Hi There! Following on from my (very) recent review of the CS Belliver Bracket Brown, I thought I would have a little fun and have a go at reviewing a much cheaper and much older pen from my collection pen, one that I have had in my possession for just a touch over 25 years now. Please please please do not take this review TOO seriously, I don't intend to try and get hordes of people going out to buy the pen, but I feel that after all these years, it needed a little review. I have found doing reviews are quite fun if not taken too seriously. Introducing the.... Rotring Art-Pen with 1.1 nib. Oh, where has everyone gone? :-) Purchase Experience 7/10 Trying to remember 25 years back IS a pain, but I remember the stationary shop, not the name. It had two assistants, both indifferent, possibly bored, who knows. I have marked the experience as 7 as I was not put off and nobody stopped me or moaned when I asked to open the box to look inside. Money changed hands, a whole £5 at the time. The extravagance eh? Opening the box 7/10 Having gone from the process of going to school, using any pen one can lay their hands on, pens in blister packs, cheap ballpoint pens and the one parker 25 that was saved slavishly for, as an adult, this came as a nice surprise. A tin box lined with card. Please note that this is NOT the original box, it is from a newer example of the pen (1.5 nib) but have snapped it for show and tell. Inside was a matt black, but very long almost attractive instrument along with a couple of unmarked cartridges. Anyhow, if it is in a box that is worth keeping, 7 is a good start. The pen itself (looks) 7/10 I wasn't too fussy about looks, I did think it was a little bland, but quite attractive in a quirky way compared to fountain pens of the time, but what upped the score was the fact it was quite slender, sleek and old fashioned (I thought it looked like an old fashioned dip pen). Black with a red ring and shiny stainless cap, matt black finish, white end cap. Yep. Not bad at all. The pen in the hand 6/10 Urgh. Too thin on the section, just that bit too thin for my liking. At the time, it was sort of “ok” but not being too experienced in these matters, trying to look back, there was not a lot better at that price point. The length, its light and being so is not off balance, but it just isn't really lighting any fires. The grip section has a series of ribs the section being quite lengthy so the finger position can move up and down for a more comfy writing position. Not perfect but it does the job. It does post, but it looks all wrong, I mean just silly. It also kills the balance dead. Don't do it. Taking the cap off: 7/10 As mentioned above, the grip section has an aha! Factor, but the nib is bland looking. Stamped steel plate, no breather, but shiny and I presumed made of stainless steel. It isn't ugly, it isn't stunning it is quite functional in appearance and it did look as if it would work. A £50 Parker of the time just was not anywhere in my sights, neither was £50 available to spend on a pen! Size: 7/10 Too thin for big fingers, too long to be taken seriously, there really is no need, even for an art pen to be so long. Consider this. If the fingers are huge, then the section is too small in diameter. Which means the length will not help any way shape or form. Or one can just ignore all of that, and do like I did at the time, rushed home, inked it and started writing and didn't give the appearance another thought. I had a new pen and I wanted to write a letter. Fill the pen! 10/10 Cartridge converter, small international cartridges, one in the business end, with one reversed and stored in the body. Brilliant idea, so simple. Never used the converter with it, despite getting one to try it, it just worked perfectly so left it alone. Totally fuss free and hasn't leaked in 25 years. Current ink in use: 10/10 Rotring black cartridges. Have tried others, all are fine, as a pen should be, fuss free. It doesn't seem bothered what diet of ink it is fed, it just lays down ink reliably, never remember it either skipping or flooding. Have only ever cleaned it or flushed it when changing inks and then only with water, other than that it just gets to stay inked. Paper compatibility: 10/10 Now we are getting interesting. This old, basic and inexpensive pen will write on anything except the shiny side of brown paper (did it just to try it). Copier paper, Moleskine, Rhodia, Oxford paper, it lays a line down on all of them. Overall writing experience: 8/10 During it's lifetime, I have always considered this to be a 10/10. However, in the last few years I have been totally spoilt by the introduction of new, higher end pens with various gorgeous nibs etc, so armed with this knowledge, I have to (probably quite unfairly) knock a couple of points off. Had I never had my first ever “posh pen” which was the MB Starwalker Mystery Black, it would have to have been a 10. If we were to then consider again the price point here and lined it up against what one can get for the same money now (writing experience nothing else) then it would better than anything currently out there. Forget the quirky looks, it writes a damned good line and writes on anything. Impressions after use: 10/10 With nostalgia, with reliability, with the fact it has never let me down, despite there being pens out there worth hundreds of pounds with gold nibs etc etc etc, this for me, and has been for a large number of years my go-to pen. It is no longer matte black, it has gone shiny with use. The nib is crying out for its first ever strip down and clean, but it is still shiny! The cap still click into place, the clutch still works, although a lot lighter these days. The nib has no sharpness associated with 1.1 italics, it is literally worn smooth on the corners. It has a nice sweet spot and is forgiving. The pen gets thrown into my work bag or dropped into my top drawer, not abused just laid wherever it may be needed. It is in my regular rotation alongside my new Conway Stewarts, my Lamy Safari etc etc. Epilogue (before I get lots of comments and questions) I bought my partner a new Rotring 1.1 and tried it out. The nib seemed to be of thinner material but it isn't to the naked eye. It seems scratchy at the corners which I never remember on mine. The plastic feels cheaper, the mouldings have a little edge to them, but they are not worn down after 25 years use. Overall it does feel a little cheaper but the price is still in the £15 - £20 region. Not cheap anymore but it is aimed at artists (I think). However. Opening my journal and starting slowly so as not to scare the poor thing. It laid down a line. A black, sharp line. On all the paper I tried. No stalling, no skipping... Welcome to the family “Junior”.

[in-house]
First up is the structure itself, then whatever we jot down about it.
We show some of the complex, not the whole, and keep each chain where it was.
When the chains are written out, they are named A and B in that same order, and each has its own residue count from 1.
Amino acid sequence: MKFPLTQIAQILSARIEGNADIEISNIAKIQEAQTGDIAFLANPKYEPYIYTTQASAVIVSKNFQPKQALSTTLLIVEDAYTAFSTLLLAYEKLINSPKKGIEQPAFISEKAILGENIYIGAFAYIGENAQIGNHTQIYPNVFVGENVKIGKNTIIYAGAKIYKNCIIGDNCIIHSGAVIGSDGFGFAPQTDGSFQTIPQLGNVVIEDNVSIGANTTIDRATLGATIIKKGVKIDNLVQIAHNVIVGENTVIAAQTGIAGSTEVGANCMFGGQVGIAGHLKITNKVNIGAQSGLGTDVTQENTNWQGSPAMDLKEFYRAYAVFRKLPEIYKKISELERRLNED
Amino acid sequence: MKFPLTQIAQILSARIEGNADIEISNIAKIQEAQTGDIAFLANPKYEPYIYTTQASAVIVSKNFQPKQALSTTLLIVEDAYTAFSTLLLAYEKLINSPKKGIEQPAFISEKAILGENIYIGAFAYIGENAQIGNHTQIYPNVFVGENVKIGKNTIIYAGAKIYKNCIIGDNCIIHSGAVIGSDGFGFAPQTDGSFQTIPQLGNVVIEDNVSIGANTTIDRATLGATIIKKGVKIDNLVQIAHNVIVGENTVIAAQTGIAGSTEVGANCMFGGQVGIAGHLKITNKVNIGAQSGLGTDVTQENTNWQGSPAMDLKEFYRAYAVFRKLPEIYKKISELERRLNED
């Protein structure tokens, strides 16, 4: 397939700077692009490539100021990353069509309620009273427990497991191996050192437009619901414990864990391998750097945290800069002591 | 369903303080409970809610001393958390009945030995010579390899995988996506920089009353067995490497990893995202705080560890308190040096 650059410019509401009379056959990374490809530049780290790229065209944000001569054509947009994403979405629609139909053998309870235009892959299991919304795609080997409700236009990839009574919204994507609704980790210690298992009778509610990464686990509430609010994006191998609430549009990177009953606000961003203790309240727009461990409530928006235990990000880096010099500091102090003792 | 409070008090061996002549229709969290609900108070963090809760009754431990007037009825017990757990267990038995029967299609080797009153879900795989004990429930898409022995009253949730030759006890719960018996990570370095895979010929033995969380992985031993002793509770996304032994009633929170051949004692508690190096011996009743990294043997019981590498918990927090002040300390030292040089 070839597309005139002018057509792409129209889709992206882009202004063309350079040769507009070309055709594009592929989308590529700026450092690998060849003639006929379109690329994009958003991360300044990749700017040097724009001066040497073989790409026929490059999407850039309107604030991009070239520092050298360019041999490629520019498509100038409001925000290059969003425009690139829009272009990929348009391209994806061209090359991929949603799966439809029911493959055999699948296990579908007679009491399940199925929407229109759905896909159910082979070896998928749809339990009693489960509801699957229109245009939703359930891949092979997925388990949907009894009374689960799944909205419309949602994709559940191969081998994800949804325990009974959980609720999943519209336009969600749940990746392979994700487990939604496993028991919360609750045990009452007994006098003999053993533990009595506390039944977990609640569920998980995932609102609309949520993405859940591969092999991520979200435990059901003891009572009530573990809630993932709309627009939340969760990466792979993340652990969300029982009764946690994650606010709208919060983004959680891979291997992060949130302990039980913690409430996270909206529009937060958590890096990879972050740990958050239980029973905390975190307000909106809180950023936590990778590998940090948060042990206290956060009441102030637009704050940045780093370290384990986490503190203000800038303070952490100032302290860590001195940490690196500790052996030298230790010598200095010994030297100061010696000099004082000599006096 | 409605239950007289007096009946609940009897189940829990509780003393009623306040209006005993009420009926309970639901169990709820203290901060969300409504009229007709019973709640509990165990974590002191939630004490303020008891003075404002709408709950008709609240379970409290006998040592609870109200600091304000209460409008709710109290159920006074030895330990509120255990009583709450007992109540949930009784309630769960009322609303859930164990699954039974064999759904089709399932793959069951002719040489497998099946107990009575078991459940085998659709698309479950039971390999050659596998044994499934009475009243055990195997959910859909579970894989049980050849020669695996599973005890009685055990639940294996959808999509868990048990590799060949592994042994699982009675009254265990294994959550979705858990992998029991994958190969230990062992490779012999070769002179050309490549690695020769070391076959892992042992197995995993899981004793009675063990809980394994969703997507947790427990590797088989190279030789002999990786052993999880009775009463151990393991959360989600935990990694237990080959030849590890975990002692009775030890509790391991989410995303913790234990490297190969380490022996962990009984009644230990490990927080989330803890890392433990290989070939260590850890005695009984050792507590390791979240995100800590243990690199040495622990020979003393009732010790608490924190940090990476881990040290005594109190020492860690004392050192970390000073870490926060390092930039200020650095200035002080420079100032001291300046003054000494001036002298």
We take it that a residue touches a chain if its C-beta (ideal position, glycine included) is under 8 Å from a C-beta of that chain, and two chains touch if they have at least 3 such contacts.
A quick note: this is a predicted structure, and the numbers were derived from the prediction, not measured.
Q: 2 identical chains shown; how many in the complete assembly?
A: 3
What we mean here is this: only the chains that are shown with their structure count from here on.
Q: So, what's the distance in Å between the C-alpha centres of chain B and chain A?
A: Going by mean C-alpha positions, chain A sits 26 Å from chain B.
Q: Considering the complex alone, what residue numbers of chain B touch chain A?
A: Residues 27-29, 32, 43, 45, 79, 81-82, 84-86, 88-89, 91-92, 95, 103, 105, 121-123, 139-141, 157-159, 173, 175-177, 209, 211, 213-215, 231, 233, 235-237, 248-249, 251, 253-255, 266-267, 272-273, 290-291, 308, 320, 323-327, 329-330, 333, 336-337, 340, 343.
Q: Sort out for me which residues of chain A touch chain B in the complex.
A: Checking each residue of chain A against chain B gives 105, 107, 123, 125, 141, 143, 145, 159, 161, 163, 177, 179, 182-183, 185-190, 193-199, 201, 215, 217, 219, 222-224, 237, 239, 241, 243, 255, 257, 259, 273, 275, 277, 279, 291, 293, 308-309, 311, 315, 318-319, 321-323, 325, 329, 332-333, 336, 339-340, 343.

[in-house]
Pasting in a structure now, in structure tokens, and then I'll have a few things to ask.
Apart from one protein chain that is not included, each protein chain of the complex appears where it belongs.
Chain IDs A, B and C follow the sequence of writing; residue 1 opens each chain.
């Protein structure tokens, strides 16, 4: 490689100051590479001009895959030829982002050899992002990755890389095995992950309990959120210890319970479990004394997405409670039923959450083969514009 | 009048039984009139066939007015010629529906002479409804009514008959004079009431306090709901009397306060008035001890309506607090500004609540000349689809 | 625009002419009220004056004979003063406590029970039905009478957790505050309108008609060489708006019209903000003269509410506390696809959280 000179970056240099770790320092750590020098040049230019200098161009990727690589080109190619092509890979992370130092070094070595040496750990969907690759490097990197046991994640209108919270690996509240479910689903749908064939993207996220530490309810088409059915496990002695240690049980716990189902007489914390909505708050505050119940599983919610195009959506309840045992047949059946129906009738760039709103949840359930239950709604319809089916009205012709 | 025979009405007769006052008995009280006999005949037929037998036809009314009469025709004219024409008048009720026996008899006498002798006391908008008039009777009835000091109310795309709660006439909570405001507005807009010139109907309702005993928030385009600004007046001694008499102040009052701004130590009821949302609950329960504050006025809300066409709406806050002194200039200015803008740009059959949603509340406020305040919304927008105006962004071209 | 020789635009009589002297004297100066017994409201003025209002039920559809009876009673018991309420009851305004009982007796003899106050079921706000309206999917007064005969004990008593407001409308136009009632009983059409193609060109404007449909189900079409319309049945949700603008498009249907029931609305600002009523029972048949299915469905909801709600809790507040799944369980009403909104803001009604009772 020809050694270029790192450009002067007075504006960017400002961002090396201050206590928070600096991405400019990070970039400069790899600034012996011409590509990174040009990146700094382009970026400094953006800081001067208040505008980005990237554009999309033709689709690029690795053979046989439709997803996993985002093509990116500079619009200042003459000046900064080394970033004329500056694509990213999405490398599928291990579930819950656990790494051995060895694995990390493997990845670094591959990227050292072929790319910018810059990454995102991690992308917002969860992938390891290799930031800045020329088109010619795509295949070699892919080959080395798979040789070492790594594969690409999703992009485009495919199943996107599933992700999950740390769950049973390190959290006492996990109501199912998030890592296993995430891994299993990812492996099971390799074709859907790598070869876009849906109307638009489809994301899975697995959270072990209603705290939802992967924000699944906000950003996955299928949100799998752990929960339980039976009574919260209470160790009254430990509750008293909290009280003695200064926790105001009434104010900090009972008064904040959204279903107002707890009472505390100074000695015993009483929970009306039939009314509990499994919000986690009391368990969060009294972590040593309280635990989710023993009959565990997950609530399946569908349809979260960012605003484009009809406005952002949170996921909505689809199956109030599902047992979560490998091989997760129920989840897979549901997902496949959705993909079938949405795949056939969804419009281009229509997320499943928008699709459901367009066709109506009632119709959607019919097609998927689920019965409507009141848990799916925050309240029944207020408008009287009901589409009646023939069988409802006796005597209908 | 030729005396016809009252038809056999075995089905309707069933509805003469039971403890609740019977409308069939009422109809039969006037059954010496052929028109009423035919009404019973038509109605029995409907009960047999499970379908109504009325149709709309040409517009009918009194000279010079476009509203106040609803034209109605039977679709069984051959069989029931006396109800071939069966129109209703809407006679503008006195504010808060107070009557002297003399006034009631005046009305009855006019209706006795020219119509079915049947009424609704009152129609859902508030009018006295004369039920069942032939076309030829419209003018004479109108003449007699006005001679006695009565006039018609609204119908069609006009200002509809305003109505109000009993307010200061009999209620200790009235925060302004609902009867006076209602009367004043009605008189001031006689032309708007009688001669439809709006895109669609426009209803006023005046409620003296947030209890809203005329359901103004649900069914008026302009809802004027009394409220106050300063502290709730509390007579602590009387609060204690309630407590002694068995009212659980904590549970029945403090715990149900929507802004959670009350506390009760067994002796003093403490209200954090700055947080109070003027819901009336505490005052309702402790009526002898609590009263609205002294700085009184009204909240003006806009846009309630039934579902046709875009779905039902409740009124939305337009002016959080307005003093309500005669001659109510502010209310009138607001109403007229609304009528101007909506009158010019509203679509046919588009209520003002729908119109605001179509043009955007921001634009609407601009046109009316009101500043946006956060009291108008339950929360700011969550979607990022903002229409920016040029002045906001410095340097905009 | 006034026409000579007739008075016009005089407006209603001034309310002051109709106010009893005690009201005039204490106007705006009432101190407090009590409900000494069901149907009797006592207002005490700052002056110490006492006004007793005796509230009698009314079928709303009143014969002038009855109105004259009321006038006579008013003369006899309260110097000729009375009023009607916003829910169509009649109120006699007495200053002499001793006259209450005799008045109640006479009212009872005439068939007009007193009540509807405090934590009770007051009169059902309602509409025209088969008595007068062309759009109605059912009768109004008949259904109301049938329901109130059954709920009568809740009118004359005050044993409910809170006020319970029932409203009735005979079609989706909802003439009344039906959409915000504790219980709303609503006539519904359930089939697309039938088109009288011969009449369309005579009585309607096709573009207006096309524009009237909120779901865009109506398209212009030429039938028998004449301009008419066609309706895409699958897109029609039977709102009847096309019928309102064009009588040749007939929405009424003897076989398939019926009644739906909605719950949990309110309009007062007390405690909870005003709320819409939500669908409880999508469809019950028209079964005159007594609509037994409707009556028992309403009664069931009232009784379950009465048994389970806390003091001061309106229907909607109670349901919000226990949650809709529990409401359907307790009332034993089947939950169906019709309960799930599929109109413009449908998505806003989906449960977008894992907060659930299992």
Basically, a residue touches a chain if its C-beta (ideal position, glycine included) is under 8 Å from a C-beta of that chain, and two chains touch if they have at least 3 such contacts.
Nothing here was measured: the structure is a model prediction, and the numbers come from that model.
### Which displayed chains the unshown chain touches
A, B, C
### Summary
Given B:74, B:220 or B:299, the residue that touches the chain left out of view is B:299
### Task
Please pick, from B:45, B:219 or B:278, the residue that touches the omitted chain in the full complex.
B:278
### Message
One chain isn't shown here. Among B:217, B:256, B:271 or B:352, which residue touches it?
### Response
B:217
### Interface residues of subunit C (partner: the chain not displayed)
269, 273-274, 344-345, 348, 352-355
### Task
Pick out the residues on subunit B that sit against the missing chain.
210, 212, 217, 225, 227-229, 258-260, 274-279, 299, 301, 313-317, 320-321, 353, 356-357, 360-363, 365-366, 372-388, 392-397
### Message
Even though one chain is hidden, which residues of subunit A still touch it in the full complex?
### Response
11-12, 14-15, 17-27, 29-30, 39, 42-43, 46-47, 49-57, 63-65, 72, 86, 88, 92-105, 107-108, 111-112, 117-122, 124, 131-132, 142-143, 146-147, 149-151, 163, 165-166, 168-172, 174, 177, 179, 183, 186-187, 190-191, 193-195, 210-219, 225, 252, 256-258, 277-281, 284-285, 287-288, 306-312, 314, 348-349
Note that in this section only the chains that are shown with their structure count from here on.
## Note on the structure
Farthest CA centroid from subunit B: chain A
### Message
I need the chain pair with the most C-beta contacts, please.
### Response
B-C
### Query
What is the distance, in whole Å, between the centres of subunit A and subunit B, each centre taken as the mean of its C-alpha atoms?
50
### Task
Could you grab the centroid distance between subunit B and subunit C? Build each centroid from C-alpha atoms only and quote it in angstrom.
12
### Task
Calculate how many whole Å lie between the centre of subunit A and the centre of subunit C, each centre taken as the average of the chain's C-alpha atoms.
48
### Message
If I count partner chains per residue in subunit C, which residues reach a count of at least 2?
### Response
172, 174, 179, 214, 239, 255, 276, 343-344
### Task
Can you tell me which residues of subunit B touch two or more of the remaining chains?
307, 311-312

6. Dear All I purchased a pen long time back on insistence of my wife, yeah there are certain things in life you cant say no to. The pen is Golden Dragon - "Jinhao 1200". I am actually very happy with the pen that i bought for Rs. 350 ( US $6) only thing that sometimes bothers me is the color but yeah it actually wants attention from people some positive some negative. But if you talk about the pen writing experience its a killer. Following is my handwritten review along with some images. The coverter supplied with the pen hold okay amount of ink not great but acceptable. Following are the images: Capped Pen with Clear Branding of Jinhao 1200 at the bottom of cap Dragon clip on the pen had two red small fake stones in the eyes of dragon which have come out after prolong use or maybe not glued properly. top of cap has nice logo or design two tone 18kgp nib writes excellent medium The bottom line is the pen for the price is a superb writer.